Terence Lewis: Want to explore the flavours of India through Contemporary dance
Choreographer Terence Lewis speaks about the second edition of his Contemporary dance festival, and his mantra for dance
In between judging the Indian edition of a popular international dance reality show, choreographer Terence Lewis is busy chalking out the details of the second edition of The Jugnee Indo-Contemporary Dance Festival that begins today. The second edition of the festival is going to be even more exhaustive and cohesive, with workshops for professional dancers by international artistes such as David Zambrano, Joe Alegado and others. The festival has partnered with Viennese Contemporary dance festival Impulstanz as well.
"Last year, we had beginners dropping by for the advance workshops too. So, this season, we are looking at CVs, as well as a short introductory video from folks interested in the workshops," shares Lewis in between rehearsal at his Khar studio, adding, "Through this festival, we want to explore the flavours of India through Contemporary dance techniques. That is how we can take it to the world. Internationally, these workshops cost lakhs, but here you get to learn for Rs 3,000 or Rs 4,000, and without having to travel around the world."
Workshops for beginners include Kallari Contemporary by Nakula Somana, Prana Paint and Flow by Ashley Lobo, Chauu Contemporary by Santosh Nair and Contamination — a combination of yoga and Contemporary dance by Lewis.
"Contamination is based on the principle of energy flow and how to uses your breath. The rise and falls of the breath patterns are similar in yoga and dance. When you do yoga, you do a pose and hold it; in this workshop, we will merge it seamlessly," explains Lewis. There will also be a movie screening (Café Muller by Pina Bausch) and a panel discussion (in association with India Foundation for the Arts), Unraveling the Contemporary, with Ashavari Majumdar,
Jyoti Dogra and Anuradha Venkataraman about their careers.
Labour of love
One of the performances of the festival that Lewis is proud of will be by Rahul Goswami, who won the Emerging Artist Award at the previous edition of the festival. Bangalore-based dance company, Attakkalari will present Meidhwani, and Lewis will direct The Kamshet Project, which he adds, was a result of a lab experiment. "The dancers were placed under house arrest in Kamshet for seven days where they didn't dance but expressed their inner feelings through art and music. This closed environment brought out the inner child, pain and fear, which translated to a fresh, raw personal energy. As an artiste, for a new piece, we are worried of not being honest on stage. We didn't want to fake and re-produce something done before," Lewis explains.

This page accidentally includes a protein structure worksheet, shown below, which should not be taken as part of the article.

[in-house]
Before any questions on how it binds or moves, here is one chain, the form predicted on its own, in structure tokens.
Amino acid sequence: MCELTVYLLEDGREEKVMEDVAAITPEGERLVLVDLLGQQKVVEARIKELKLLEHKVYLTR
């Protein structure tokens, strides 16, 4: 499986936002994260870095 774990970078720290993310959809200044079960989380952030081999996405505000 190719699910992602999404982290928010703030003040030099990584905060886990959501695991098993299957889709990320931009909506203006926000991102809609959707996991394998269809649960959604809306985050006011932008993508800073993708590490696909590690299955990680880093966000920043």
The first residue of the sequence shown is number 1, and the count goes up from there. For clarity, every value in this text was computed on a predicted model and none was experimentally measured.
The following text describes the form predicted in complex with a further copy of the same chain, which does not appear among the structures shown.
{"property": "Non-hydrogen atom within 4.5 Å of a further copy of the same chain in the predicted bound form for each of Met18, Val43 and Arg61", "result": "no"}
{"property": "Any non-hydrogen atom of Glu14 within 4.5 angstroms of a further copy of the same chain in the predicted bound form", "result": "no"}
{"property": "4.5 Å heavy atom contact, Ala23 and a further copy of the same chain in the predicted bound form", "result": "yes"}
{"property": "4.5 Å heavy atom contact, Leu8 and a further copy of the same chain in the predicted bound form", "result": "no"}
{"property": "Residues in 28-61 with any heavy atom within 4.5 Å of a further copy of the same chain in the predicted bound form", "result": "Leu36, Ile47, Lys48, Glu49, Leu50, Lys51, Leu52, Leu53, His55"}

The dancing stars
Lewis is a veteran when it comes to judging reality dance shows, just like many others of his ilk. "Dance and music always held a respectful place in India; our kings would call artistes the 'ratna' of their court. When the British arrived here with their Victorian thoughts, they shamed our arts into being entertainment. Likewise, on TV too, earlier, there was only Boogie Woogie, and people didn't look at dance as an art form but entertainment. Today, with so many shows, the audience gets to see the focus, pain and hard work that goes behind dancing. It is like bhakti (devotion). Hence, it has found respect," feels Lewis.
Need of the hour
Lewis feels that Indian dancing will benefit from freedom from traditional set up. "With all due respect to our mahagurus, I wish that they would teach the students a voice of their own too, and not just what has been taught to them. We need to liberate from the structure, parampara and provoke the audience with our personal interpretation of dance to stand out. Look at Akram Khan and Shobhana — what great work! Today, the borders of countries are becoming insignificant when it comes to dance. There is a Bollywood round in every international dance show. We cannot be bigots when it comes to dance," Lewis signs off.
Dates Today till May 1
log on to www.jugnee.com
for tickets www.bookmyshow.com
Any open space, surrounded by nature, by a river or a waterfall. Also a lift, a busy airport or inside a train would be a great place to dance.
Dream dance partners
Madhuri Dixit, Aishwarya Rai and Deepika Padukone.